Category Archives: Alexandria

Pat’s Market in Belle Haven is Closed

Pat’s Market, a small mom and pop roadside market in Belle Haven neighborhood of Fairfax County, has closed. It was used as a filming location in the movie The Sentinelstarring Michael Douglas.

Driving to dinner last night, Mary and I noticed it had closed. We had tried stopping there for ice cream once after a picnic on the nearby George Washington Parkway, but it only accepted cash, so we went to Baskin Robbins instead. We never returned. (They later started accepting credit cards according to a Yelp user.)

A Yelper left this obituary:

So sad to discover that Pat’s Market has closed due to an upcoming construction development.

Like Nancy Kerrigan, I must cry out, “Why! Why!…Why” No, more ceviche..no more coldest beer in town…and no more Live Bait! There are simply no words to express this great culinary loss. Yup, I know how you feel, Nancy, for it is just like being kneecapped with a expandable police baton. Damn them!

youtube.com/watch?v=voUM…

I know, Nancy, the pain isn’t half as bad as the knowledge that humanity can be so cruel and callous. But, you survived to go on and win a Silver in the Olympics, and I guess I will make it through without Pat’s Ceviche…But, as you know, Nancy, the loss is still painful. You will be missed Pat’s Market. You will be missed.

 

Fairfax Connector Strikes Individual at Huntington Station [Photos]

Fairfax, Virginia | 11:30pm
A sad story outside of my residence tonight in Fairfax county. It appears an individual was struck in the crosswalk across Huntington Avenue by a Fairfax county Connector Bus.

Police arrived at the scene within minutes, and EMS and fire shortly thereafter. Fairfax One — the county’s helicopter — was also on scene but did not evacuate the injured individual, who was transported to the hospital by ambulance.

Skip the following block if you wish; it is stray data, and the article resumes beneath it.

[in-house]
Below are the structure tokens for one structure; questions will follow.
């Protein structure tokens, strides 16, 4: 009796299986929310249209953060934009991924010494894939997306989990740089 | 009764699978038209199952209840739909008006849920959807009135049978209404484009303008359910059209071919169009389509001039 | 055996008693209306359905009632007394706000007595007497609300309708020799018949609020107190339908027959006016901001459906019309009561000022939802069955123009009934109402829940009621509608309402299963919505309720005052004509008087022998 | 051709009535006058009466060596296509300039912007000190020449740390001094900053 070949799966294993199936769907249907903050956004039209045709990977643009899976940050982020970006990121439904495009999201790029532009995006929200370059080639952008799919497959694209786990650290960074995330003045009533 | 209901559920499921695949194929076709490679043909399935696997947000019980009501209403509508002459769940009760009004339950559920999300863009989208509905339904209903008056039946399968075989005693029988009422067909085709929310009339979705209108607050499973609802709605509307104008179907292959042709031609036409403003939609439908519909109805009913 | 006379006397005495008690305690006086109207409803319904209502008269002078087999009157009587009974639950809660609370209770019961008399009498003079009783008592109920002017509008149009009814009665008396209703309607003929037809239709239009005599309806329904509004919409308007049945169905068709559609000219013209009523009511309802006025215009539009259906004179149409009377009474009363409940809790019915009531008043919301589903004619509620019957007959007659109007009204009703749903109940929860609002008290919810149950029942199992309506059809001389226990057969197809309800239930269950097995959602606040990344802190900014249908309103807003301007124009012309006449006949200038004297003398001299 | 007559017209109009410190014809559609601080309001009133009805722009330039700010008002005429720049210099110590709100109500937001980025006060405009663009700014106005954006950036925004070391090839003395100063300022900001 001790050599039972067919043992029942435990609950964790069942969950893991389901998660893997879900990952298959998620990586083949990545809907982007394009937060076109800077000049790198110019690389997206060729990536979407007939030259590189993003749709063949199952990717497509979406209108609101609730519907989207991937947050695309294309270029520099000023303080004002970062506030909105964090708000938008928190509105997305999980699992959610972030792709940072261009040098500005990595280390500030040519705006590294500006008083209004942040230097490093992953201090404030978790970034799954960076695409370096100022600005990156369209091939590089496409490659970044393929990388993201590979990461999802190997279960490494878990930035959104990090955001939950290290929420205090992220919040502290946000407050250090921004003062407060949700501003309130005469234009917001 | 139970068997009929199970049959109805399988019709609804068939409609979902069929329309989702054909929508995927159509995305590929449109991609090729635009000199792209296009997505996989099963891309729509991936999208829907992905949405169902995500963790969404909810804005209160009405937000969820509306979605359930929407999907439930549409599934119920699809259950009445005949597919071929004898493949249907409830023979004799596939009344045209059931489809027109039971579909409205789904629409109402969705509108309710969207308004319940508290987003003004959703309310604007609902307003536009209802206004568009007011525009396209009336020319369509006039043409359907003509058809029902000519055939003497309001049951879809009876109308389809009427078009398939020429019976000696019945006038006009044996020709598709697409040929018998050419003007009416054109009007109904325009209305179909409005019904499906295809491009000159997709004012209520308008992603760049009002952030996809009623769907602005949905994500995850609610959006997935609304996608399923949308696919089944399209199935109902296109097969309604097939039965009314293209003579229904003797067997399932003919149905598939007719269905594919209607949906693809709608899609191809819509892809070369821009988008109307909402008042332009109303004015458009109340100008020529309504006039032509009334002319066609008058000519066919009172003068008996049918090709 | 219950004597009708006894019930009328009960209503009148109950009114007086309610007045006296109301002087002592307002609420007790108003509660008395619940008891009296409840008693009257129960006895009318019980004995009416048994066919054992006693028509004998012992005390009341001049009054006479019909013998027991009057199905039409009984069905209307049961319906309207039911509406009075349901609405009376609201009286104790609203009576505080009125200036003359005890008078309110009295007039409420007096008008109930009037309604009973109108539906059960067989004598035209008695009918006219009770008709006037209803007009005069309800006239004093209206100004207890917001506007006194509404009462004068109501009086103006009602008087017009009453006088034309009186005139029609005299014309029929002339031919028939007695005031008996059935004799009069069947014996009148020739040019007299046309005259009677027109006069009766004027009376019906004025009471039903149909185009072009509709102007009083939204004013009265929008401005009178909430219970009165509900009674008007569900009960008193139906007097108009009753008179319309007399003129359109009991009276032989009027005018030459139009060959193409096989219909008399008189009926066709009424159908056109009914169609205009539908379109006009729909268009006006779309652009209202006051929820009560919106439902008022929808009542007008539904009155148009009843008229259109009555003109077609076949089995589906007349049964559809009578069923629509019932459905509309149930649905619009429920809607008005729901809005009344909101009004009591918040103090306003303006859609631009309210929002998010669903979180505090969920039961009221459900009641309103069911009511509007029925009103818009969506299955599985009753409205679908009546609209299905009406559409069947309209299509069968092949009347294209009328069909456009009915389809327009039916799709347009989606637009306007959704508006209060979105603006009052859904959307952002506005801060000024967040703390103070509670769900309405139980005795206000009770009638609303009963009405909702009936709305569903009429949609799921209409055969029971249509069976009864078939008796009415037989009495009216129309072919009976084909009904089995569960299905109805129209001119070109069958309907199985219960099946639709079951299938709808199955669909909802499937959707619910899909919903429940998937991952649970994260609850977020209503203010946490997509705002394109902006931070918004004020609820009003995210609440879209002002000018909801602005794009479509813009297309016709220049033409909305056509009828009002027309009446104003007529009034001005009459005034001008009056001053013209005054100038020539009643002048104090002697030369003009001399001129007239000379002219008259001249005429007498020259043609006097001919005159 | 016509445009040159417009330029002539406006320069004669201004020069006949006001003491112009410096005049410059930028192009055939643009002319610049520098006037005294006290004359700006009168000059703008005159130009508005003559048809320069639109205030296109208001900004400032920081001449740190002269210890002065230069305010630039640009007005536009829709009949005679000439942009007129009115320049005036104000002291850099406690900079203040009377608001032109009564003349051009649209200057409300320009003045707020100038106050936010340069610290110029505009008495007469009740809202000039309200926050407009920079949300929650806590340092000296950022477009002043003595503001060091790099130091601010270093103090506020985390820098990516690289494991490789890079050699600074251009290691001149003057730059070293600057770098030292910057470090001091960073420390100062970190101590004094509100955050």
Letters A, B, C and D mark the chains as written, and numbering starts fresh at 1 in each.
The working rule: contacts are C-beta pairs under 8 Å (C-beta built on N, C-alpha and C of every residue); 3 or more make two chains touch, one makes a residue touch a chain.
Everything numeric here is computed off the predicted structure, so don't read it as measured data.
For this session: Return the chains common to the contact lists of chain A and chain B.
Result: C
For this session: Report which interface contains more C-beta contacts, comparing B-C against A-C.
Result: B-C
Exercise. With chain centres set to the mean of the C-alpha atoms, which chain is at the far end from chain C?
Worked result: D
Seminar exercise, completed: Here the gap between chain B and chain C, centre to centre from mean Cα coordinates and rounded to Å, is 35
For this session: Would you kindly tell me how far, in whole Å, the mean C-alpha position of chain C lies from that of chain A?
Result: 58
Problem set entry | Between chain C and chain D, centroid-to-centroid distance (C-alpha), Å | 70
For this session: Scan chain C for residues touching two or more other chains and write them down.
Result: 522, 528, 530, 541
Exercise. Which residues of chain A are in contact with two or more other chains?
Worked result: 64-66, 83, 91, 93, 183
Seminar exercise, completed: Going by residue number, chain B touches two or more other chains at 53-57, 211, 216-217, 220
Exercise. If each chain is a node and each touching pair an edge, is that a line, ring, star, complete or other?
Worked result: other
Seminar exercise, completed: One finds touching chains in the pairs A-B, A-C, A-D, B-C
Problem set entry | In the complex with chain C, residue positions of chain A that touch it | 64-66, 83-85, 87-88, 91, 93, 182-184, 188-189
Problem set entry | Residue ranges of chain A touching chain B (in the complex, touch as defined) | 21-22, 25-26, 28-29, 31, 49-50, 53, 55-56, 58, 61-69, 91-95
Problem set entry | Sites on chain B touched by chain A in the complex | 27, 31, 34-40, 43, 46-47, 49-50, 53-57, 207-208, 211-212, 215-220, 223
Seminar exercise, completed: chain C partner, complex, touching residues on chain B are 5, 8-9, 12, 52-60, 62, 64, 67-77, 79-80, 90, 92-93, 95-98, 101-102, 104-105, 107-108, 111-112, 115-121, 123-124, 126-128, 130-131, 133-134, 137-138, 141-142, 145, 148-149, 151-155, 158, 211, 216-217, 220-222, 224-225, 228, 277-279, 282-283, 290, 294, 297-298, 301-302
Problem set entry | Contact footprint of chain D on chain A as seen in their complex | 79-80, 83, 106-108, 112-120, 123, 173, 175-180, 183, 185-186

The individual’s condition is unknown but presumed serious.

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Photographs property of Bomble LLC and may not be reproduced or reprinted without permission.

 

Who are these lunatics?

Check out my piece over at the Richmond Times-Dispatch today.

 

This Election? I’m Undecided

“When the people find that they can vote themselves money, that will herald the end of the republic.” – Benjamin Franklin

I know this is embarrassing to admit, as some people see me as the sort of guy who thinks he has all of the answers: I’m undecided in the fall election.

Seriously. I’ve thought about this for months. I’ve changed my mind a few times now, and now with the election but days away, I don’t know how I am going to vote.

Strange, right?

On one hand, I can vote to take other peoples’ money to pay for programs that will benefit me. Or I can vote to give a cold shoulder to my middle class neighbors, essentially saying I don’t think our tax dollars should protect them.

Should I vote for or against the $30 million Storm Drainage Improvements Bonds? Oh. You thought I was talking about the Presidential election?

Don’t be silly, there’s no way I’m voting for Obama. And while I like a lot of what Gary Johnson stands for, I’m not going to throw away my vote. I’m voting for Romney.

I know how I’m voting on Fairfax County’s other three bond referenda for Libraries ($25m), Parks ($75m), and Public Safety ($55m) — No, No, and No. But I don’t know which way to go in this $30 million Bond Referendum.

A bit of background:

I live in Huntington, Virginia, which is an unincorporated part of Fairfax County about 500 feet from the Beltway and about 1000 feet from Alexandria City. Between the Beltway and my neighborhood there is a body of water called Cameron Run that runs parallel to the Beltway into the Potomac River.